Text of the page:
The Science of Tissue and the Science of Leadership

Goodwin College’s Histology program, which currently boast a 100% pass rate for the Board of Registry Certification Exam, has incorporated specially designed leadership classes into the Histology curriculum so that graduates will be able to enter the workforce with the skills necessary to become leaders in the field.

“The didactic sections of Goodwin’s Histology program are very sound, so we decided to include a leadership portion to give our students an edge that will allow for growth and promotion in the future,” said Histology Program Director Kelli Goodkowsky.

When making critical decisions in their patients’ care, pathologists rely heavily on the expertise of histotechnicians, who are responsible for preparing the tissue specimens pathologists use to render a diagnosis. Not only will graduates of the program have the skills necessary to be reliable employees, but they will also have acquired the critical thinking and writing skills to become influential leaders.

To launch the new leadership program, Dan Noonan, Vice President of Marketing, Communications, and Enrollment and a Goodwin business professor, led a thought-provoking discussion on what it means to be an effective leader with a class of 9 students.

Noonan quoted Simon Sinek, inspirational speaker and author of Start With Why: How Great Leaders Inspire Everyone to Take Action and Leaders Eat Last: Why Some Teams Pull Together and Others Don’t, who said: “There are leaders and then there are those who lead.” Not all those who lead are leaders and the difference between the two is crucial in the working world.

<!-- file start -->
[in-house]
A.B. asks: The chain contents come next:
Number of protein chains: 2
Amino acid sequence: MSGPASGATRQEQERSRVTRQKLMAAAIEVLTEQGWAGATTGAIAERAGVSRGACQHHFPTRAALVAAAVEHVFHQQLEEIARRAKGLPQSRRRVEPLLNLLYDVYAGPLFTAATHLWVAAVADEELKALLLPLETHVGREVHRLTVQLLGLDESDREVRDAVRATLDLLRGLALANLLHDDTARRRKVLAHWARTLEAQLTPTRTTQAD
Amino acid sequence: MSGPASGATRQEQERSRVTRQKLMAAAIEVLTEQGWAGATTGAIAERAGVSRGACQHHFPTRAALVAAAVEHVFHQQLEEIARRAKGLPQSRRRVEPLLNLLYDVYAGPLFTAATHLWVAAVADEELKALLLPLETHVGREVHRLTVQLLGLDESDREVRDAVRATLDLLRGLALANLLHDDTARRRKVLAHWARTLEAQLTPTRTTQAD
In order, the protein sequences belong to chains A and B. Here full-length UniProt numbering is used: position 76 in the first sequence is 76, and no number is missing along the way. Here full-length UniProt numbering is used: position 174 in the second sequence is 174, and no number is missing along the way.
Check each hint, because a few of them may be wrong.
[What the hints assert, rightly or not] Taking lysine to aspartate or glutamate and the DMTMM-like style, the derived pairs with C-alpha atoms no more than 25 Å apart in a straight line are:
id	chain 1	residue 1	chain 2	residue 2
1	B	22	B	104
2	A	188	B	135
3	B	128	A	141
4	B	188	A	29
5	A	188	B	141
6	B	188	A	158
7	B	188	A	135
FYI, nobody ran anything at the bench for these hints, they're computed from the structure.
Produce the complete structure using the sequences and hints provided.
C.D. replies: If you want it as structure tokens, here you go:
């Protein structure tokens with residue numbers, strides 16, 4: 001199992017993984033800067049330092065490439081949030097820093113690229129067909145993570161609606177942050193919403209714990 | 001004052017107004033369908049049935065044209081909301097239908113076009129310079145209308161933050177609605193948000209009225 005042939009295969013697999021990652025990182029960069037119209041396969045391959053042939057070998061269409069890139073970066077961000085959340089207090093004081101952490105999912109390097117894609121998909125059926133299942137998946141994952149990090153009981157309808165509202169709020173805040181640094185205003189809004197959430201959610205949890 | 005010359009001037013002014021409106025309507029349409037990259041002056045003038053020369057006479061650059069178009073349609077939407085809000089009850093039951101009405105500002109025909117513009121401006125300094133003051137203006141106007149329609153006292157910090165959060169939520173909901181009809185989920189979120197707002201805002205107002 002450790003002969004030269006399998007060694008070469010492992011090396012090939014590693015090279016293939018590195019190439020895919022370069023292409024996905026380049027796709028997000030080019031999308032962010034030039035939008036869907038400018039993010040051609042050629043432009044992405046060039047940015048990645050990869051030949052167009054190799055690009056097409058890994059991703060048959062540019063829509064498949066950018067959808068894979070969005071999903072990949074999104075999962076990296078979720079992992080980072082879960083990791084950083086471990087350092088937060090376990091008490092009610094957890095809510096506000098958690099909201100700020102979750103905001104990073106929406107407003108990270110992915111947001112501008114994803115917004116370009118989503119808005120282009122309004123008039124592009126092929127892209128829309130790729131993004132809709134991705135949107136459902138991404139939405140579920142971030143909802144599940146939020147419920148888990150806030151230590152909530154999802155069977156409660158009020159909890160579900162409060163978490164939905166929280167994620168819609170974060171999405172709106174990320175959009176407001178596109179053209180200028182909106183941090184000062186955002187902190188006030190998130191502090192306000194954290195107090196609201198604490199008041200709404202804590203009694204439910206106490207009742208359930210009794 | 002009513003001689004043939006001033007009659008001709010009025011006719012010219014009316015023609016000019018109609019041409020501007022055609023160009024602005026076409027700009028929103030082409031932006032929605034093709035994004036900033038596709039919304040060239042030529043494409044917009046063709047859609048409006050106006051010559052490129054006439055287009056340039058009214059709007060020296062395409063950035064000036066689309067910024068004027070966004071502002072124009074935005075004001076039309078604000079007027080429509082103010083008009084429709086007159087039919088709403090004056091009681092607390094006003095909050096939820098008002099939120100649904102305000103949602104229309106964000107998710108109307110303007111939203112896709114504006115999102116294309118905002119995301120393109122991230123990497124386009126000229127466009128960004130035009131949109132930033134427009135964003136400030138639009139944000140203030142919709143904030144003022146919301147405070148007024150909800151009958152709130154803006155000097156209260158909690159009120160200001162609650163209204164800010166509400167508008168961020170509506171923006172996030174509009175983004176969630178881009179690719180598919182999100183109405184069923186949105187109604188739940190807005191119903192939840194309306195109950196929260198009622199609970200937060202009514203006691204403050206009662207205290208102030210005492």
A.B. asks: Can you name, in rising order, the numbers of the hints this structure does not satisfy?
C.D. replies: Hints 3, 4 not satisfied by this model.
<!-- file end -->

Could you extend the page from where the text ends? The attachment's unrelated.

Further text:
Today’s healthcare field accounts for a massive part of corporate America and is in critical need of frontrunners who will guide their employees in creating a positive, productive working environment. With a substantial number of histotechnicians about to age out of the workforce, it is imperative that schools produce graduates with both technical knowledge and the transferrable leadership skills that will allow them to advance their careers and strengthen the field of histology.

Goodwin College prides itself on its supportive work environment, positive academic and corporate cultures, and encouraging leadership. Coupled with the school’s mission as a career-driven institution, the addition of the Histology leadership program is a perfect fit.

Noonan used Goodwin as a framework for effective leadership.  “In order to be a leader, your job cannot be transactional, it must be transformational. Leaders must serve a greater purpose than their own,” Noonan stated.

Histology student Diane Wisniewski is grateful that the leadership education courses have been added to the Histology program. “This program gives us something to strive for and is preparing us for bigger and better things.”

Noonan went on to say that he is hopeful that students will rise through the ranks once they enter the working world.

Student Chris Viega hopes to use the leadership skills he learns to inspire others. “I hope I can motivate others to pursue their goals.”

Noonan left the students with one short, but intricate question: “How will you lead?”

Goodwin believes that this program will prepare graduates not only to prepare tissue specimens properly, but also to take on leadership roles and identify what type of leaders they hope to become within their chosen field.